Now, I’ve met a lot of musicians in my time, of varying levels of fame and success. And I can’t think of one of them that would feel insulted or stolen from if they heard that a young band were belting out one of their songs in a live set. Sure, they might flinch at the awful performance values, but they’d be flattered to know that they’d inspired some kids to pick up instruments and have a go themselves. Maybe they’ll just last a year, before moving on to day-jobs and recreational alcohol abuse. But maybe, just maybe, they’ll stick with it, keep practicing, polish their chops, write their own songs, find their own voice, and become proper musicians in their own right.
Now, I’ve not met all musicians, by any stretch of the imagination, and I’m sure there are some that would feel insulted or stolen from. But I’m willing to bet that they’re the minority – the Mariah Careys of the world, who think that being a singer makes them somehow superior to a guy who builds engines, or a woman who landscape gardens, or – sin of sins – someone who sings along to the radio for the sheer joy of doing so.
This is my problem with Mr. Yngve’s post, and his continued ire in the comments beneath it. Despite his assertion that fan-ficcers have a sense of entitlement to works that they did not create themselves, it seems to me that Mr. Yngve has the sense of entitlement – entitlement to the kudos and respect due an artist or a creator, without a portion of the genuine sacrifice that brings with it. Sure, the original act of creation is damn tough – I’ll not demean that, not with my poor track record at finishing what I start. But ask any mother what the most painful moment of having children is, and I’m sure she’ll give the same answer my mother always gives – the hardest part is watching them leave home and knowing that, apart from when they choose to return to you for help, they’re out of your hands forever.
In other words: I want to know why, if the notion of people building upon or re-engineering with your precious creations once you’ve finished with them (which, even were you to introduce legislation banning it on pain of death, is inevitable) is so nauseatingly unpleasant, why on earth do you bother publishing it at all? It sounds to me far less like theft or a sense of entitlement on the part of the fan-ficcer, and much more like the greed and egotism of the original creator. If you don’t want the world to corrupt your babies, you’d best keep them indoors forever.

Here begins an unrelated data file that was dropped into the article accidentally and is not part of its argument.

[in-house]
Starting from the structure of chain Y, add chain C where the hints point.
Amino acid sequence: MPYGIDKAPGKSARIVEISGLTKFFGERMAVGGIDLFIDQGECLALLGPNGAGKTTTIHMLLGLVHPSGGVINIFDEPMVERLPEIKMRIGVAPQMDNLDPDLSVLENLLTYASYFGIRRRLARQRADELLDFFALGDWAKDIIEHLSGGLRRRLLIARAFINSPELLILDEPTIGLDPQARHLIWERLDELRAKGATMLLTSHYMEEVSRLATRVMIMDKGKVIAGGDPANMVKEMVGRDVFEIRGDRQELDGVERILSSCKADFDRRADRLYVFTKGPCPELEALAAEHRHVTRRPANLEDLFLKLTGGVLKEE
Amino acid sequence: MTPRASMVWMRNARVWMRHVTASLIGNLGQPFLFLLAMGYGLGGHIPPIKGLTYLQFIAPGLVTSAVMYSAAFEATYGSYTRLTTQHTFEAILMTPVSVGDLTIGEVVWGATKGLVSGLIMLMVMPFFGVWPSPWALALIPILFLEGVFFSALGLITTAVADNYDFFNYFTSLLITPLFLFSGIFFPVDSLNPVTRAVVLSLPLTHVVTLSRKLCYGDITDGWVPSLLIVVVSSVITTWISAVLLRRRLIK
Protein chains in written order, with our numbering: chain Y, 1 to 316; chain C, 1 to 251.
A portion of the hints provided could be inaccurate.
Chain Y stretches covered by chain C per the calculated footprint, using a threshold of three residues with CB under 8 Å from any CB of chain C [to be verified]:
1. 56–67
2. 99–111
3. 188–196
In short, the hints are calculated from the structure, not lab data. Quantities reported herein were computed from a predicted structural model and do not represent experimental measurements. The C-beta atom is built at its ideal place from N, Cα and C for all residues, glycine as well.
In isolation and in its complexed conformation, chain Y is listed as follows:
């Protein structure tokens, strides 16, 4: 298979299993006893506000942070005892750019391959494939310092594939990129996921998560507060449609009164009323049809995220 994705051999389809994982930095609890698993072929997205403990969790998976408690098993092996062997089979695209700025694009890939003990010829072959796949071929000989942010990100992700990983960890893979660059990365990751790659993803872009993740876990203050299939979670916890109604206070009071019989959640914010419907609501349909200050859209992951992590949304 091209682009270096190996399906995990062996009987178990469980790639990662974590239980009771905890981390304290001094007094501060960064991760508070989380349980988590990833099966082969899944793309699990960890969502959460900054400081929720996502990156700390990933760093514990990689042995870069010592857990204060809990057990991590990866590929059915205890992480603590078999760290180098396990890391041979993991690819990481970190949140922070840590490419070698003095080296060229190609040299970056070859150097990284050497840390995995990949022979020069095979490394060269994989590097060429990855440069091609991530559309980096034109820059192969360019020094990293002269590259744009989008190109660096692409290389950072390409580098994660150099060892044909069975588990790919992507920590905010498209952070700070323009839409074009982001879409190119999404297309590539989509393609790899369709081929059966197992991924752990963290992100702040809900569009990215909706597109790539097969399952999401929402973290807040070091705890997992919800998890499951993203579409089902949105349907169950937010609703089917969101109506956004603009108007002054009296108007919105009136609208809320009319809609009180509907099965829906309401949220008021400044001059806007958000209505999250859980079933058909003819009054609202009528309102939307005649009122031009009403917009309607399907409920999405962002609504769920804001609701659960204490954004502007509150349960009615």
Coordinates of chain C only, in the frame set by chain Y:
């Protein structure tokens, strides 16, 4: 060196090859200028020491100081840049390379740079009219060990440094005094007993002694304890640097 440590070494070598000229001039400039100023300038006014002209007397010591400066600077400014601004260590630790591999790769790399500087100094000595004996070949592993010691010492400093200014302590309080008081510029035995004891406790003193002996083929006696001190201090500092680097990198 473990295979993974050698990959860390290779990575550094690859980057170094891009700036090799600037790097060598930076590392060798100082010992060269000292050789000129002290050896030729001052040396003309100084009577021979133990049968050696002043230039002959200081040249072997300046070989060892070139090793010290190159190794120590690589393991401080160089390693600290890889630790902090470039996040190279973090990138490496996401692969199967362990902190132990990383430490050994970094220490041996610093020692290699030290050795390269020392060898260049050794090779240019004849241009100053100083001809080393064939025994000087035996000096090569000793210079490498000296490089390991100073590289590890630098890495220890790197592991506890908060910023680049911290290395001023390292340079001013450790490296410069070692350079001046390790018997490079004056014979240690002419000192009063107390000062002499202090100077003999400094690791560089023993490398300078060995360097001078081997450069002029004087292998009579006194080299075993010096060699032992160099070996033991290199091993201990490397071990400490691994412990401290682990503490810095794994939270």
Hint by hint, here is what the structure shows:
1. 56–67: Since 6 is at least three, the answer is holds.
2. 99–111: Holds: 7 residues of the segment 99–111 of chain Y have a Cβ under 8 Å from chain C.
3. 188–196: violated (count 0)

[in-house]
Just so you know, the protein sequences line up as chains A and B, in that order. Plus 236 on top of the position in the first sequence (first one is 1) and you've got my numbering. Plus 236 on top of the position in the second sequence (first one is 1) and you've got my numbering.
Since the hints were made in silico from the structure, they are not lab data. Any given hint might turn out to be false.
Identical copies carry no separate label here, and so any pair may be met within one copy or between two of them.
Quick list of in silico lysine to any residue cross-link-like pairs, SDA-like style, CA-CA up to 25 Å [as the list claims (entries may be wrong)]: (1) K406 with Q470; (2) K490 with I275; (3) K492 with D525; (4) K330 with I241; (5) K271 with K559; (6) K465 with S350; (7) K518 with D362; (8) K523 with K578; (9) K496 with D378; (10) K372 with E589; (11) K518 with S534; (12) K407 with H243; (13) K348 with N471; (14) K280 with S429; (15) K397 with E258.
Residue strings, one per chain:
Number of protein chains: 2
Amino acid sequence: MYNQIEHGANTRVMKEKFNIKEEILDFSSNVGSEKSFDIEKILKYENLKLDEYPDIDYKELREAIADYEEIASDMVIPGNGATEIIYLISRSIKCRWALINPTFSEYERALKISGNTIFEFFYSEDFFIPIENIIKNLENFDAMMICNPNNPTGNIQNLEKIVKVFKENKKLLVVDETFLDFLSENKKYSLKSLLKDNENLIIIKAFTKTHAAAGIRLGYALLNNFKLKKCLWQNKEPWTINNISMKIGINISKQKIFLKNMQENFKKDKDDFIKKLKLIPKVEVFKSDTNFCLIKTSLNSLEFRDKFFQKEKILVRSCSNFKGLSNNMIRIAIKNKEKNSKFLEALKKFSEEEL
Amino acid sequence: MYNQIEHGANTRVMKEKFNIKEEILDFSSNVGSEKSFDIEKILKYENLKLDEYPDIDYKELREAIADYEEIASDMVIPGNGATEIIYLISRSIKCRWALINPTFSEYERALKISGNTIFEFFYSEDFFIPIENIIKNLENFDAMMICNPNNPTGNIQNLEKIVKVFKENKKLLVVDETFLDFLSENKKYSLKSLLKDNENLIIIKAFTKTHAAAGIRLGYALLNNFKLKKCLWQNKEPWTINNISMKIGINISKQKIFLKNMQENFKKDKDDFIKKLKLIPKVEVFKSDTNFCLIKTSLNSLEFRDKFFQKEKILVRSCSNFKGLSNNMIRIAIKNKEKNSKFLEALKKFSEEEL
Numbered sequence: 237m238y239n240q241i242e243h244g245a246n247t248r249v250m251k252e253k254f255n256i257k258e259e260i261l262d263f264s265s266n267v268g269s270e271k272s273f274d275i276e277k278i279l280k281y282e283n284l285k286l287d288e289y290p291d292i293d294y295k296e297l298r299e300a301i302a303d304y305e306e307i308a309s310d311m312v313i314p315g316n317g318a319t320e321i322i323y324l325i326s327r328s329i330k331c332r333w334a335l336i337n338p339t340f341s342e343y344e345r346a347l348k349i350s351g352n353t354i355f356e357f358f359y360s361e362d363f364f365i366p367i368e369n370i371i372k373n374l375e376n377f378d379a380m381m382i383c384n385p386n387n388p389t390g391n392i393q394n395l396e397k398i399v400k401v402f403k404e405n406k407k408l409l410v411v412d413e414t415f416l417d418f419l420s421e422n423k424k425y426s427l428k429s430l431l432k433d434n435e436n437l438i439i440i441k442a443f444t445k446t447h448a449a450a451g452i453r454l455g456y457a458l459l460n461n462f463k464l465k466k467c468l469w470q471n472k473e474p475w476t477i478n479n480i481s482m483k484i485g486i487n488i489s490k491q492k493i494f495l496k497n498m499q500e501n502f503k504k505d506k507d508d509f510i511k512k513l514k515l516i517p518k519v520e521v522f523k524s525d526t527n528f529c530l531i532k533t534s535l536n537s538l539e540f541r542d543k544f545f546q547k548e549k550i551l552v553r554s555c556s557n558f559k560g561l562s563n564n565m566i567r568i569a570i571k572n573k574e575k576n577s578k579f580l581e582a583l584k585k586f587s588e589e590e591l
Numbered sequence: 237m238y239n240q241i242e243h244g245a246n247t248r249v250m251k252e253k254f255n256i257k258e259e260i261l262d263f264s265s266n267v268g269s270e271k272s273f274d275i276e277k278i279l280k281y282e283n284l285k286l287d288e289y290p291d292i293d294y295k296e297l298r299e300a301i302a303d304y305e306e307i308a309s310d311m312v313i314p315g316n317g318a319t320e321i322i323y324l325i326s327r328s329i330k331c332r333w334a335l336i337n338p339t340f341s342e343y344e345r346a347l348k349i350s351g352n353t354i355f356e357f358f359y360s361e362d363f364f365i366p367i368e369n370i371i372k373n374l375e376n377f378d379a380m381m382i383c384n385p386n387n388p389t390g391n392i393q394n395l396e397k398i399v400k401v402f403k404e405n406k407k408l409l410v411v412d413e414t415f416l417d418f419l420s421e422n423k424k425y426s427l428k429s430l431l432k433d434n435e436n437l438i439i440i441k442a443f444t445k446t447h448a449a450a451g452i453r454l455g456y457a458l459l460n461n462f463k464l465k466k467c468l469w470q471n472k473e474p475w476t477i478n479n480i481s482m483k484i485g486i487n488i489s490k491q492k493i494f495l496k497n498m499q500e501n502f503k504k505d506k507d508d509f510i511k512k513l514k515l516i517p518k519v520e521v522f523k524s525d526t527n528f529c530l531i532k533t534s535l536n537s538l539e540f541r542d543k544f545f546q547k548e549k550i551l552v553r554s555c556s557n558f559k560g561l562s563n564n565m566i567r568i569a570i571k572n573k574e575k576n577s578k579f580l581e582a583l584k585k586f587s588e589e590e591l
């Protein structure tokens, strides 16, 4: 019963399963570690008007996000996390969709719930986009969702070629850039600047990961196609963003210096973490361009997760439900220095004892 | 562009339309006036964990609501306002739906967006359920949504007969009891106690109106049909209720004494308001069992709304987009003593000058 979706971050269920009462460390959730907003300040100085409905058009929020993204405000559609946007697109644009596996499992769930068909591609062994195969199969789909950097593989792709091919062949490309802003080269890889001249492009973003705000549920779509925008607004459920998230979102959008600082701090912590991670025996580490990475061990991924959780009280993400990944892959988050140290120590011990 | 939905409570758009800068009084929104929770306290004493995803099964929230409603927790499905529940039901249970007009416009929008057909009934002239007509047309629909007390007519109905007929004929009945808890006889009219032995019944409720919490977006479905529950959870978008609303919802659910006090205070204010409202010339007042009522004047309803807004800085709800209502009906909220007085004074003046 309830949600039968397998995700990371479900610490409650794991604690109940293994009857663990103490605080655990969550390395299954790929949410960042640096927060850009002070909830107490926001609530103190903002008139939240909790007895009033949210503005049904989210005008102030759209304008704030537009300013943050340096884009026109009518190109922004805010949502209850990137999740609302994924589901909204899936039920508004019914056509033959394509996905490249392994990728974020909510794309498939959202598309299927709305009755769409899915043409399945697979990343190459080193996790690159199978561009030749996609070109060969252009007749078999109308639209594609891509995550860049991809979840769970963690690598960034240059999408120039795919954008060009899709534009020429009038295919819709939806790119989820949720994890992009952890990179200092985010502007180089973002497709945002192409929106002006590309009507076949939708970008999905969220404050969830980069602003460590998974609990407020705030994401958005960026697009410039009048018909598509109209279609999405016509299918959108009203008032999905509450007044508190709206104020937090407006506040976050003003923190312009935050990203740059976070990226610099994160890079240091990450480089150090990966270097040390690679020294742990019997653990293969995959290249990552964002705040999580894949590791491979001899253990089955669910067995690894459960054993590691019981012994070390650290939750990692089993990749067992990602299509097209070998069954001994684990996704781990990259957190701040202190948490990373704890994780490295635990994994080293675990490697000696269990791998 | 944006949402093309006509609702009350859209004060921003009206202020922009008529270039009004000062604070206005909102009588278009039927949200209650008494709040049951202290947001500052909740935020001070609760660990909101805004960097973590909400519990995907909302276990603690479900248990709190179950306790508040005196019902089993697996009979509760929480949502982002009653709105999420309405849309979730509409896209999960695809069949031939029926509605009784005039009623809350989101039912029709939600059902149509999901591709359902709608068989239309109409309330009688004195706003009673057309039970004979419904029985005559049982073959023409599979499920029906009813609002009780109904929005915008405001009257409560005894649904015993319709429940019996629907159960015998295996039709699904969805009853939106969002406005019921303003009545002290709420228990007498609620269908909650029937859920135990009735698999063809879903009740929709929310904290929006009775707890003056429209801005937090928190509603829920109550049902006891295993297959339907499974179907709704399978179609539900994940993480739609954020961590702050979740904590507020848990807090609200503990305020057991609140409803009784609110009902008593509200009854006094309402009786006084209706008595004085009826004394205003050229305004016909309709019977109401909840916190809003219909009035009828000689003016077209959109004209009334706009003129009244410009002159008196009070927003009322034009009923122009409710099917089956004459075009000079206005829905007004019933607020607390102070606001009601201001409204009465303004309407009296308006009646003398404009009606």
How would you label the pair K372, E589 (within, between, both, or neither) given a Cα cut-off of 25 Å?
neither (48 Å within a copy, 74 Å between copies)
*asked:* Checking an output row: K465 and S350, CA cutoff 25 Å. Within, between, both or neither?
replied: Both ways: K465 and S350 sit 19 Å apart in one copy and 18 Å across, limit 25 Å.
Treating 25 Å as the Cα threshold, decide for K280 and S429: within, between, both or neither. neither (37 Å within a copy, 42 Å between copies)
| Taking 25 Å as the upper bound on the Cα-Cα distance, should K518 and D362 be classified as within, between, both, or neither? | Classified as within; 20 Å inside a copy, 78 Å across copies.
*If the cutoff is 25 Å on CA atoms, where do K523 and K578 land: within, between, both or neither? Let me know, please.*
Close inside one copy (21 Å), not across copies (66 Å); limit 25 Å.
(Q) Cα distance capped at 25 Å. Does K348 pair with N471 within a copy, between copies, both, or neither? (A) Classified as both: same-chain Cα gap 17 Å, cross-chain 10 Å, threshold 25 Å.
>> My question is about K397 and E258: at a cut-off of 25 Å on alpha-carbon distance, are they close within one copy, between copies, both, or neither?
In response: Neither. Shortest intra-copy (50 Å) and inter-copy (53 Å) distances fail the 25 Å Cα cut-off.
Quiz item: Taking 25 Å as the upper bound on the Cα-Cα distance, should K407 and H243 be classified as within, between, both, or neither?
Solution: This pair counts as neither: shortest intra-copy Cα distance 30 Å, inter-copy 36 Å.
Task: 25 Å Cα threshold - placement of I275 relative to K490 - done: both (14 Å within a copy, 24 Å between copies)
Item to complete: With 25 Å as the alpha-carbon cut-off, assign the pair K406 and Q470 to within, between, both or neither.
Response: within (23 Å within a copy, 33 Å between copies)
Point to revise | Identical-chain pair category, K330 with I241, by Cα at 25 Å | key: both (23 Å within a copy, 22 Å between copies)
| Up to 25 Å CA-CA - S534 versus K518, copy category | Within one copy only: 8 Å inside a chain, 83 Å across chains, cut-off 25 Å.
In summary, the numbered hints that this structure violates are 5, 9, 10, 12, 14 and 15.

To return to the music analogy, literature is about to go through what music went through in the late 80s and early 90s, thanks to the arrival of the sampler. It’s easier than ever for someone to write fan-fic and share it with other fans, and that promises to become even easier as time goes by thanks to the internet &c. The music industry wailed and gnashed its teeth, decrying people using samplers as the barbarians at the gate who were going to tear apart the very fabric of music as an art form. Then they got wise, and worked out how to use it to their advantage, and how to rake some profits back from it – and eventually, as has happened countless times throughout history, the barbarians became a part of the empire while thinking they had built a new one in its place.
To put it another way, fan-fic isn’t going anywhere, and there’s almost no way you could possibly prevent it from happening. So you have two choices – you can accept the inevitable with good grace, and enjoy the extra publicity and attention your work gets as a result (and bite your lip against your contempt for the lesser abilities of your imitators), or you can sit on your bitter throne like a soggy-shod King Canute and shake your fist at the uncaring sea that seeks only to lap at your feet for a while. I’m not saying either choice is more right than the other, because I don’t think there are any true moral absolutes involved – it’s a matter of personal choice, no more, no less. But I think it’s pretty obvious which is the more gracious and human response.